FAMM Urges Florida Prosecutor to Use Discretion in Beach Sex Case | FAMM

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FAMM Urges Florida Prosecutor to Use Discretion in Beach Sex Case

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Mandatory 15-Year Prison Sentence Would Be More Outrageous Than Crime

WASHINGTON, DC — FAMM President Julie Stewart this morning called on the state attorney’s office in the 12th district of Florida to use its discretion to prevent a 40-year-old man from receiving a 15-year mandatory minimum prison sentence . Jose Benjamin Caballero, was found guilty on Monday of having sex on a public beach in Manatee County. Because Mr. Caballero was convicted of this crime less than three years after he finished serving a prison term for an unrelated drug offense, he is subject to a mandatory 15-year prison sentence.

“As outrageous as Mr. Caballero’s behavior was, it would be even more outrageous for the state to make him spend 15 years in prison,” Ms. Stewart said. “As a parent, I would not want  my children to see people having sex  on a public beach in the middle of the day. But as a taxpayer, I would be even more offended to waste hundreds of thousands of dollars to punish Mr. Caballero’s irresponsible  behavior.”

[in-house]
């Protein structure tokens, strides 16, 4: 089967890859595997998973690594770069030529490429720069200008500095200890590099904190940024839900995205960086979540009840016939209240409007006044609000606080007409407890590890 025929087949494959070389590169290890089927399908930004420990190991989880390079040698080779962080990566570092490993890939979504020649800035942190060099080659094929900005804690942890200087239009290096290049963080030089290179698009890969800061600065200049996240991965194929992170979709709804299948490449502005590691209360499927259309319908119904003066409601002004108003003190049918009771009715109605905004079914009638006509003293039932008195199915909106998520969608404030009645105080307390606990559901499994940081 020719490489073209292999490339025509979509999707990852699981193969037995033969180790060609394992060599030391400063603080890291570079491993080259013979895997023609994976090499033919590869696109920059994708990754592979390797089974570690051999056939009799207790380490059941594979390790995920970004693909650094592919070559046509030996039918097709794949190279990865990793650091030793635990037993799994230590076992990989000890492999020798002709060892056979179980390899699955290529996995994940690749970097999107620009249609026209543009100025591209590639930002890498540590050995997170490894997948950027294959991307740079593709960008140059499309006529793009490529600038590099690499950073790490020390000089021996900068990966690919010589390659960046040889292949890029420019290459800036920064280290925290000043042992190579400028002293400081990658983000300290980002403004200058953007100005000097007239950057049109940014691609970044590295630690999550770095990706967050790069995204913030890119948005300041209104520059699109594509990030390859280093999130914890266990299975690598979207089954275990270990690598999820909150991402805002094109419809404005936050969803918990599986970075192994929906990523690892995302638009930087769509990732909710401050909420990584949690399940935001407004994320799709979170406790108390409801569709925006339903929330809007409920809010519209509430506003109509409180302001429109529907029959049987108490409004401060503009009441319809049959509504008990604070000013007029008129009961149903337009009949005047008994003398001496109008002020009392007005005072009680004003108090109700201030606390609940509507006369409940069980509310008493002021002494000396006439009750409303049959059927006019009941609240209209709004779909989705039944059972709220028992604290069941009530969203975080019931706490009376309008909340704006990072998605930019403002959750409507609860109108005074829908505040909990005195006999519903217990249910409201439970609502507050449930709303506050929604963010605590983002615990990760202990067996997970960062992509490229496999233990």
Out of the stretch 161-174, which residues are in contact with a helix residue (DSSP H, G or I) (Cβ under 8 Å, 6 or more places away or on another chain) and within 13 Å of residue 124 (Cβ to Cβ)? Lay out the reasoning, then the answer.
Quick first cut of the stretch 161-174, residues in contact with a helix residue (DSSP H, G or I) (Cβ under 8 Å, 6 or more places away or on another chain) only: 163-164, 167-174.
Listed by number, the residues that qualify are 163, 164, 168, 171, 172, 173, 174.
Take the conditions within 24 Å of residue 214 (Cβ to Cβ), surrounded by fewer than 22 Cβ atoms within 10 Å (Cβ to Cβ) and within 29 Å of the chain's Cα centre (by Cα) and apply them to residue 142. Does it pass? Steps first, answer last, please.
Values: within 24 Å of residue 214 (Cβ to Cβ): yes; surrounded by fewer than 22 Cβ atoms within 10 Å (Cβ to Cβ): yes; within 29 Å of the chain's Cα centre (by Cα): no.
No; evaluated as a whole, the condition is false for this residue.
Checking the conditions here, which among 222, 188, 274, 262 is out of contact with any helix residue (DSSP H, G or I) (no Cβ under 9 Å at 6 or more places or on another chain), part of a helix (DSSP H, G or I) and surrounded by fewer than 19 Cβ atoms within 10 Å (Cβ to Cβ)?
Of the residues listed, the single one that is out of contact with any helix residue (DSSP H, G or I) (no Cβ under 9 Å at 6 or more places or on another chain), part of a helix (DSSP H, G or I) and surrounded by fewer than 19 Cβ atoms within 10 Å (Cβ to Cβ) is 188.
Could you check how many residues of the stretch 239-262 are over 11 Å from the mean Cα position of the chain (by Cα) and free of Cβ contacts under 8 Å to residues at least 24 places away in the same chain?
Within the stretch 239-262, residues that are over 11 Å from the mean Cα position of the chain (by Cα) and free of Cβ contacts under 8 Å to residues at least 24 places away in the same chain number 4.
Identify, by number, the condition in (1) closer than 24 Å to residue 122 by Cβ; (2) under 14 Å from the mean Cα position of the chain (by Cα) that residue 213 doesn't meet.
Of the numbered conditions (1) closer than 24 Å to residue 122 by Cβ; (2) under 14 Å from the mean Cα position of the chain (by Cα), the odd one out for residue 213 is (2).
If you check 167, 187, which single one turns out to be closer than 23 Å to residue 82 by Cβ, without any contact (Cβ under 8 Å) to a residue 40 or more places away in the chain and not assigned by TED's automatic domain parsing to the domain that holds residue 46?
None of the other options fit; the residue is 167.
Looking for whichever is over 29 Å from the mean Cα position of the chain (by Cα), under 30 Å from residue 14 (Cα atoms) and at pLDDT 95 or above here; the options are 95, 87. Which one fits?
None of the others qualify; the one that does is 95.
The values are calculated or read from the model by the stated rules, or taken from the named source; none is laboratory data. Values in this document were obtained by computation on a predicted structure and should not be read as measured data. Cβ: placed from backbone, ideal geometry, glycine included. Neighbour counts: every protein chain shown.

“This is a case where the punishment required by law is far worse than the crime. Not surprisingly, it is the unintended consequence of a mandatory minimum sentencing law being applied to a situation that lawmakers could not have foreseen when they passed it,” Ms. Stewart said.

Mr. Caballero and his partner, Elissa Alvarez, were charged with one count each of lewd or lascivious exhibition for having sex on a public beach in Manatee County, Florida on July 20, 2014. Ms. Alvarez is likely to receive some jail time and will have to register as a sex offender. Under Florida’s Prisoner Releasee Reoffender (PRR) law, however, Mr. Caballero will be subject to a mandatory 15-year term in state prison and be required to spend the rest of his life on the sex offender registry.

Ms. Stewart said that FAMM would urge Florida lawmakers to take a hard look at Florida’s PRR statute and other state mandatory minimum sentencing laws. In the meantime, she said, she hoped that the prosecutors who tried Mr. Caballero would work with the judge and defense counsel to avoid an obviously unjust outcome in this case. Before going to trial, Mr. Caballero turned down a plea deal that would have required him to serve 2.5 years in prison. Mr. Caballero rejected the deal, but the offer demonstrates that prosecutors know he is not enough of a threat to public safety to deserve 15 years behind bars.

“We have an adversarial criminal justice system and the passions stirred by a zealous prosecution and contested trial sometimes carry over to the punishment phase. That’s only natural. But I hope that the state attorney in this case will take a step back, take a moment to reflect, and then do what is necessary to avoid a massive injustice,” concluded Stewart.

The judge has not set a sentencing date yet.